THE FRENCH SOCIOLOGIST Émile Durkheim’s concept of anomie may be helpful in answering that question. Dictionaries generally define the condition of anomie as a lack of moral standards and lawlessness on the part of an individual or even a society. Durkheim drew on the term to explain the far-reaching changes in social norms that he witnessed as a result of industrialization and secularization in 19th-century France.
According to Durkheim, the condition of anomie, whether individual or collective, exists in society as a consequence of social disintegration and the disappearance of values and traditions – religion for example – that had once bound the society together. Anomie emerges during periods of heightened social, political, and economic change. During these times social norms and political institutions no longer receive the general adherence, confidence and trust they once did. Those living through this interregnum between the collapse of an old order and appearance of something new feel disoriented because they no longer see the values they were taught to respect reflected in the social order around them. The result is a lack of meaningful connection to others and a feeling of anxiety about one’s life. The result, Durkheim argued, is the dérèglement, or derangement, of society itself as people, individually and collectively, lash out in resentment at a political or social system that no longer provides the means for maintaining a stable and purposeful life.
Anomic periods are especially possible when new ideas about social mores and values conflict with old ideas. As Durkheim wrote in his most famous book, Suicide: A Study in Sociology, anomie is particularly noticeable “when society is disturbed by some painful crisis or by beneficent but abrupt transitions.”
Sociologists since Durkheim have extended the concept of anomie with a theory of structural strain, positing the notion that when a society fails to provide people with legitimate means to satisfy culturally accepted goals, they may look for other ways to get what they want, including illegal means. In other words, moral deviance, crime, and social upheaval are the consequences of anomic conditions in society.
Anomie highlights a perennial debate in Western political thought, which can be divided into two camps. In one camp are those who subscribe to an optimistic notion that has gained many intellectual adherents since the Enlightenment: People are generally good and flawed social structures and institutions are to blame for making them bad. Drawing on the thought of Jean-Jacques Rousseau, the optimists maintain that fixing the institutions will change everybody’s behaviour. And when the institutions are ruled by corrupt and oppressive elites, it is time for the victims to pull them down. (Today, as we are all taught, the oppressor is the “white male” and all his “privileged patriarchal” structures and values that must be brought down, but that’s a topic for another day; it’s not going away anytime soon.)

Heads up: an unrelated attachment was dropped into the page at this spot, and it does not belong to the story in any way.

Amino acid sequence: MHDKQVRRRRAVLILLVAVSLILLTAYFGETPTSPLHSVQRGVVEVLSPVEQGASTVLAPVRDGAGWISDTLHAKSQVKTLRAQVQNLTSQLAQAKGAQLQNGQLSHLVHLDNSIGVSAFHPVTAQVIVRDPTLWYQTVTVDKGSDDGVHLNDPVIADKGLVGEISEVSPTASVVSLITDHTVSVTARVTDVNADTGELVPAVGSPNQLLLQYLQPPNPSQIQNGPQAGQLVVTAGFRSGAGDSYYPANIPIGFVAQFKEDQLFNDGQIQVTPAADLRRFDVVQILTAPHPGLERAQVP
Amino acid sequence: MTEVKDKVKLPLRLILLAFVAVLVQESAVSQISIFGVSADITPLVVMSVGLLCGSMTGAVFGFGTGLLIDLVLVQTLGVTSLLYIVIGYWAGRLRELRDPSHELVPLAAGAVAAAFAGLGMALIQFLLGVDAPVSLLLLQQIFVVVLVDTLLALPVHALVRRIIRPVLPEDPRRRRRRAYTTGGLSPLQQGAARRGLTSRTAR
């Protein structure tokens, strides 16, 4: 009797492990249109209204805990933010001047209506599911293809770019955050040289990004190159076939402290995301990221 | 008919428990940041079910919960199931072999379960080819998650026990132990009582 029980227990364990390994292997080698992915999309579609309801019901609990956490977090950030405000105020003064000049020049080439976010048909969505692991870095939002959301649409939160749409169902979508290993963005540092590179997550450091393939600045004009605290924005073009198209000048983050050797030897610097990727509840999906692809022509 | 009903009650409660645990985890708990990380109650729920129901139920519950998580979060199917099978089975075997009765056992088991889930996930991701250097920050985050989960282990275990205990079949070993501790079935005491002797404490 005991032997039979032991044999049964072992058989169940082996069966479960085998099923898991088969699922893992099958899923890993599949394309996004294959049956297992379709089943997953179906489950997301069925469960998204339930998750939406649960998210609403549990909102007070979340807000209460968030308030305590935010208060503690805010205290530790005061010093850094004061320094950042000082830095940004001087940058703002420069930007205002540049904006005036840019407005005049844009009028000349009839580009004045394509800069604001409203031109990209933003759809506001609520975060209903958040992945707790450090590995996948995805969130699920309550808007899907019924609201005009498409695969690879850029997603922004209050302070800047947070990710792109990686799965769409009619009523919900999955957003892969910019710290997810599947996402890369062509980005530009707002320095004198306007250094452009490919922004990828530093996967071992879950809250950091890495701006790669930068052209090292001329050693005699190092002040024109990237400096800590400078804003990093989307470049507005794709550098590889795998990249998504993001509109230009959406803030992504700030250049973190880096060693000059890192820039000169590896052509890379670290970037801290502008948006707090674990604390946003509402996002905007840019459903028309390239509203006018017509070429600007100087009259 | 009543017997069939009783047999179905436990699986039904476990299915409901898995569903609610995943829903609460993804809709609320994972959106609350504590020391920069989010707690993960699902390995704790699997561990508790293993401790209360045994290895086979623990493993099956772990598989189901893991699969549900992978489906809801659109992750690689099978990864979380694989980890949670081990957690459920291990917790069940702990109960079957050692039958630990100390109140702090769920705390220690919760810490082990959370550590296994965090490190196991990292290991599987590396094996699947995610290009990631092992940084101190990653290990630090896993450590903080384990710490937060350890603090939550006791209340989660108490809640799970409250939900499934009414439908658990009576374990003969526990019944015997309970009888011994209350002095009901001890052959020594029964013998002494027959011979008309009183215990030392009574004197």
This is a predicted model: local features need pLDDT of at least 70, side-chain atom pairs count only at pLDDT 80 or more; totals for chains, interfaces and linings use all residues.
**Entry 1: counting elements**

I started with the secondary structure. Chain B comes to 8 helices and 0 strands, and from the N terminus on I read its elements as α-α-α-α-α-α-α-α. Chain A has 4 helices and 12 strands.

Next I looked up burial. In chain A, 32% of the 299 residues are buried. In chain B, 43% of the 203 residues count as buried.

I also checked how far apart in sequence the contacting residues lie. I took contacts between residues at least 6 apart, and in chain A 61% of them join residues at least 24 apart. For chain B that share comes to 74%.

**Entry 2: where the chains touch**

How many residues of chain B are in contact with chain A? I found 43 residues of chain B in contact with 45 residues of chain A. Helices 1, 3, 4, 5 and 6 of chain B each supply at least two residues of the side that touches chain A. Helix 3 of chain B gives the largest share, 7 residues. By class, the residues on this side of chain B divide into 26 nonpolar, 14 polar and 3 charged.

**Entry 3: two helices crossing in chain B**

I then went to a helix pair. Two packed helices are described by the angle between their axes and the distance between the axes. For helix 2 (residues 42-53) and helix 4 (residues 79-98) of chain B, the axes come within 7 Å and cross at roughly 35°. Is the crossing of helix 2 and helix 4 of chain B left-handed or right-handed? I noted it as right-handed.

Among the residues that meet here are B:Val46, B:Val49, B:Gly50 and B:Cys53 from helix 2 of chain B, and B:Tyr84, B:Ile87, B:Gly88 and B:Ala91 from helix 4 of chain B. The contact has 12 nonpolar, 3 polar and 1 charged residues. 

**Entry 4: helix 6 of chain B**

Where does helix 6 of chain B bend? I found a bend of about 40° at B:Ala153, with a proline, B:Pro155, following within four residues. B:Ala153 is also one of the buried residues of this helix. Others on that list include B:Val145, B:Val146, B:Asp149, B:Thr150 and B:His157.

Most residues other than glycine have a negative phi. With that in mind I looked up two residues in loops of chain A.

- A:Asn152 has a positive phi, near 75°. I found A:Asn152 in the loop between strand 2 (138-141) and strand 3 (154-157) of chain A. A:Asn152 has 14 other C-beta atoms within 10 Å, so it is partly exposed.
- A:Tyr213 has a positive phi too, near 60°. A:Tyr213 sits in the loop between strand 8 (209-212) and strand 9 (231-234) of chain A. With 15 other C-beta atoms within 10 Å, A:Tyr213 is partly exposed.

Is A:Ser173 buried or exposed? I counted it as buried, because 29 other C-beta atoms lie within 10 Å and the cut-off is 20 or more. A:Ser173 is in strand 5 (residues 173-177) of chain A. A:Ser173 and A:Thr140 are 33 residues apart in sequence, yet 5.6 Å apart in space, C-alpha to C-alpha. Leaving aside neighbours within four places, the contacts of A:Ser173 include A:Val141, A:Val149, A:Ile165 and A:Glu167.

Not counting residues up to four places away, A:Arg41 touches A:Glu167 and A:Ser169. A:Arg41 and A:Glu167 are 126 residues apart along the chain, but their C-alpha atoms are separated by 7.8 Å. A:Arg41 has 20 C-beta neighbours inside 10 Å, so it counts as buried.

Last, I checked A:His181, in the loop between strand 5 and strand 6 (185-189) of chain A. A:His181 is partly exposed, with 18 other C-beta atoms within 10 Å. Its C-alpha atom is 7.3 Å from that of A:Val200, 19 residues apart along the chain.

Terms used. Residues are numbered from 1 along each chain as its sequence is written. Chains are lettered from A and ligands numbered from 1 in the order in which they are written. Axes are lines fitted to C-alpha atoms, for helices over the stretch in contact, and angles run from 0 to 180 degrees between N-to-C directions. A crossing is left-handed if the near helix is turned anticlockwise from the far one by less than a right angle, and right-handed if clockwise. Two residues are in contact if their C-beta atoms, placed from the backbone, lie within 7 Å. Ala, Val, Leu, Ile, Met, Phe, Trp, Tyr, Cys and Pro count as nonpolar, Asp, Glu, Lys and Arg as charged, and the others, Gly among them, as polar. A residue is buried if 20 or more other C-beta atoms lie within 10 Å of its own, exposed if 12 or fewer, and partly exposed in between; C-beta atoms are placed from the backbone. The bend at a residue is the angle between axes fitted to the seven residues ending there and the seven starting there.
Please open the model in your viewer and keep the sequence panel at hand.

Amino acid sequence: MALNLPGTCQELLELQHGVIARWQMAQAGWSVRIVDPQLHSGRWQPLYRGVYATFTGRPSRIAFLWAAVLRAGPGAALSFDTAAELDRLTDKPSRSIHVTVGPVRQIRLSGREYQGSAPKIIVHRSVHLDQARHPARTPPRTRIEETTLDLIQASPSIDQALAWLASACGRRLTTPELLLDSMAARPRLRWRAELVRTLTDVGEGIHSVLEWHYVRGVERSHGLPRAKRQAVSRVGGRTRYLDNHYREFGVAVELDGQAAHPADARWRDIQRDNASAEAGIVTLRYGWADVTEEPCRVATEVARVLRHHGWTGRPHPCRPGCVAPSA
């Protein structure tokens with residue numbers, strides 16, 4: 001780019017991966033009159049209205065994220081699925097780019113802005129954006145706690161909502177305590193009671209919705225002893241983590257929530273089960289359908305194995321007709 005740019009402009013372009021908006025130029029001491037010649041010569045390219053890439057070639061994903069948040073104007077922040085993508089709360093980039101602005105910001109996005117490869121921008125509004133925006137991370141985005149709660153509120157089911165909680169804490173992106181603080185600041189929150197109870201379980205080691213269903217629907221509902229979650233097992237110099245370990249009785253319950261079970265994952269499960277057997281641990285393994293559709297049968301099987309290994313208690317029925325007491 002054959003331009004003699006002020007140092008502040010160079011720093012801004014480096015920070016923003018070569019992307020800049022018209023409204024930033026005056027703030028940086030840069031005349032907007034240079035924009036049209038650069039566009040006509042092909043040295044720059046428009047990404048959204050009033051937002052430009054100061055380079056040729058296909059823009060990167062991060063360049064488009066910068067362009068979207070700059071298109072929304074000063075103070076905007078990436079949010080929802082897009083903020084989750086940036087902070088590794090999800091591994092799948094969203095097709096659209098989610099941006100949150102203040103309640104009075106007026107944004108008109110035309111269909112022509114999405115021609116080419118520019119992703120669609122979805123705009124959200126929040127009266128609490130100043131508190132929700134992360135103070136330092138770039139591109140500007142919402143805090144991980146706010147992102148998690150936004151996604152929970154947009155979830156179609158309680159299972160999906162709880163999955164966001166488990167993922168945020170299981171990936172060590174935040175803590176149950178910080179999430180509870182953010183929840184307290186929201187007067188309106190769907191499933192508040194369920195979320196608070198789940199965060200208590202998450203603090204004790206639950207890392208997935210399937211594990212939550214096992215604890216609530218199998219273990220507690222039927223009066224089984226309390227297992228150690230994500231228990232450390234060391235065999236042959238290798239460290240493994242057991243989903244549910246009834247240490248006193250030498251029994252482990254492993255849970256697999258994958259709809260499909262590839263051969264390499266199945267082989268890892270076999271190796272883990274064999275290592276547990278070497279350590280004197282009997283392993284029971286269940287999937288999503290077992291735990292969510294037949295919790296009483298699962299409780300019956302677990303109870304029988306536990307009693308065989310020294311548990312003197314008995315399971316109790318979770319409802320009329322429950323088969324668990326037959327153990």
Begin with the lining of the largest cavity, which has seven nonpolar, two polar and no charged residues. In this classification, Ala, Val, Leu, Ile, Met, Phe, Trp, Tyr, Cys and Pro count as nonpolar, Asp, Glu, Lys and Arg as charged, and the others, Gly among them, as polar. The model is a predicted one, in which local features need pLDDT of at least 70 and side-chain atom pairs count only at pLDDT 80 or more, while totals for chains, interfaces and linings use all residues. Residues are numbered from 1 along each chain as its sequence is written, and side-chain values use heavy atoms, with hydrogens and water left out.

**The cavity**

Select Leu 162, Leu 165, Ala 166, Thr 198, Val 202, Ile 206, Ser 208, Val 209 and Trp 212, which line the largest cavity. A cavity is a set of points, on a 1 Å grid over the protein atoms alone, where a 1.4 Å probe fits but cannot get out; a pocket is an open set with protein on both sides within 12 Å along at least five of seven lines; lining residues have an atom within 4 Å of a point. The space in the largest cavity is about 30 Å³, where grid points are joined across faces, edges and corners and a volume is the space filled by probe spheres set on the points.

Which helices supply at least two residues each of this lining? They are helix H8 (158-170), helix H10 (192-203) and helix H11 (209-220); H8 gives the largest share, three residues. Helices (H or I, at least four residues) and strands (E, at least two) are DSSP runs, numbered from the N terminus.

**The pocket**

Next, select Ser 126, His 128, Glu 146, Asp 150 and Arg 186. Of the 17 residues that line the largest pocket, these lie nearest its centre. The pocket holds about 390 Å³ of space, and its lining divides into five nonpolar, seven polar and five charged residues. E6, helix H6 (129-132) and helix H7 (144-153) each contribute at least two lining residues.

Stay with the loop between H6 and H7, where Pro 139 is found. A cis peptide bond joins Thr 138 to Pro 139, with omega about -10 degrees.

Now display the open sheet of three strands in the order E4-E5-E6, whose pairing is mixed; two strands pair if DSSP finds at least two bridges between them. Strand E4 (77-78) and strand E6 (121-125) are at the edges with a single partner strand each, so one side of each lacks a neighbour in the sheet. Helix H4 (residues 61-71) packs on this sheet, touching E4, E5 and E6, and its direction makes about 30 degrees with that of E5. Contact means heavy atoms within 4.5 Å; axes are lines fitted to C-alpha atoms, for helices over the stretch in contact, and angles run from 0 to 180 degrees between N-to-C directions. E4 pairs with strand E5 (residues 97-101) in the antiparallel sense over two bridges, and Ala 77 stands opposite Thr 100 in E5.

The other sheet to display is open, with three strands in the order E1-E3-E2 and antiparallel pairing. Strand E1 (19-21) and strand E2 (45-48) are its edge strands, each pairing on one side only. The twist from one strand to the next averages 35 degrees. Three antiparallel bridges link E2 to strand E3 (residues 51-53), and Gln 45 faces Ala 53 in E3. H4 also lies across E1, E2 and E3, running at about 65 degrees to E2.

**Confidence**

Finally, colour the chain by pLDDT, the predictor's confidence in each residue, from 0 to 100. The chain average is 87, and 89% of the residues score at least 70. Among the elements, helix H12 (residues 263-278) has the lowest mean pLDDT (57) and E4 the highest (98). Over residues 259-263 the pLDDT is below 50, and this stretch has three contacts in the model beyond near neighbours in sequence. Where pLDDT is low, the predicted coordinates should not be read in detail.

The other camp is composed of those more pessimistic about the human species, regarding it as driven by instincts often inimical to social order. Sturdy institutions and authoritative (as distinct from authoritarian) leaders are needed because we are all sinners, to use the Judeo-Christian metaphor for the flawed human condition. The pessimists look to the thought of Thomas Hobbes for guidance, recognizing as he did that a strong state is necessary to foster those moral and ethical traditions that can keep the forces of chaos at bay like a campfire that needs constant tending to maintain a circle of light amidst the surrounding darkness. Pessimists tend to be conservative.
Durkheim inclines to the Hobbesian view even while promoting a Rousseauian outcome. He tries to solve the problems of human nature by postulating a “collective conscience” that allows self-serving individuals to accept the moral authority of a social order and its control on their impulsiveness so long as they can obtain reasonable satisfaction of their desires. In periods of rapid change, however, whether from economic hardship or excessive prosperity, people are willing to challenge the legitimacy of the prevailing collective conscience if it no longer meets their needs and desires regardless of the coherence of those needs and desires.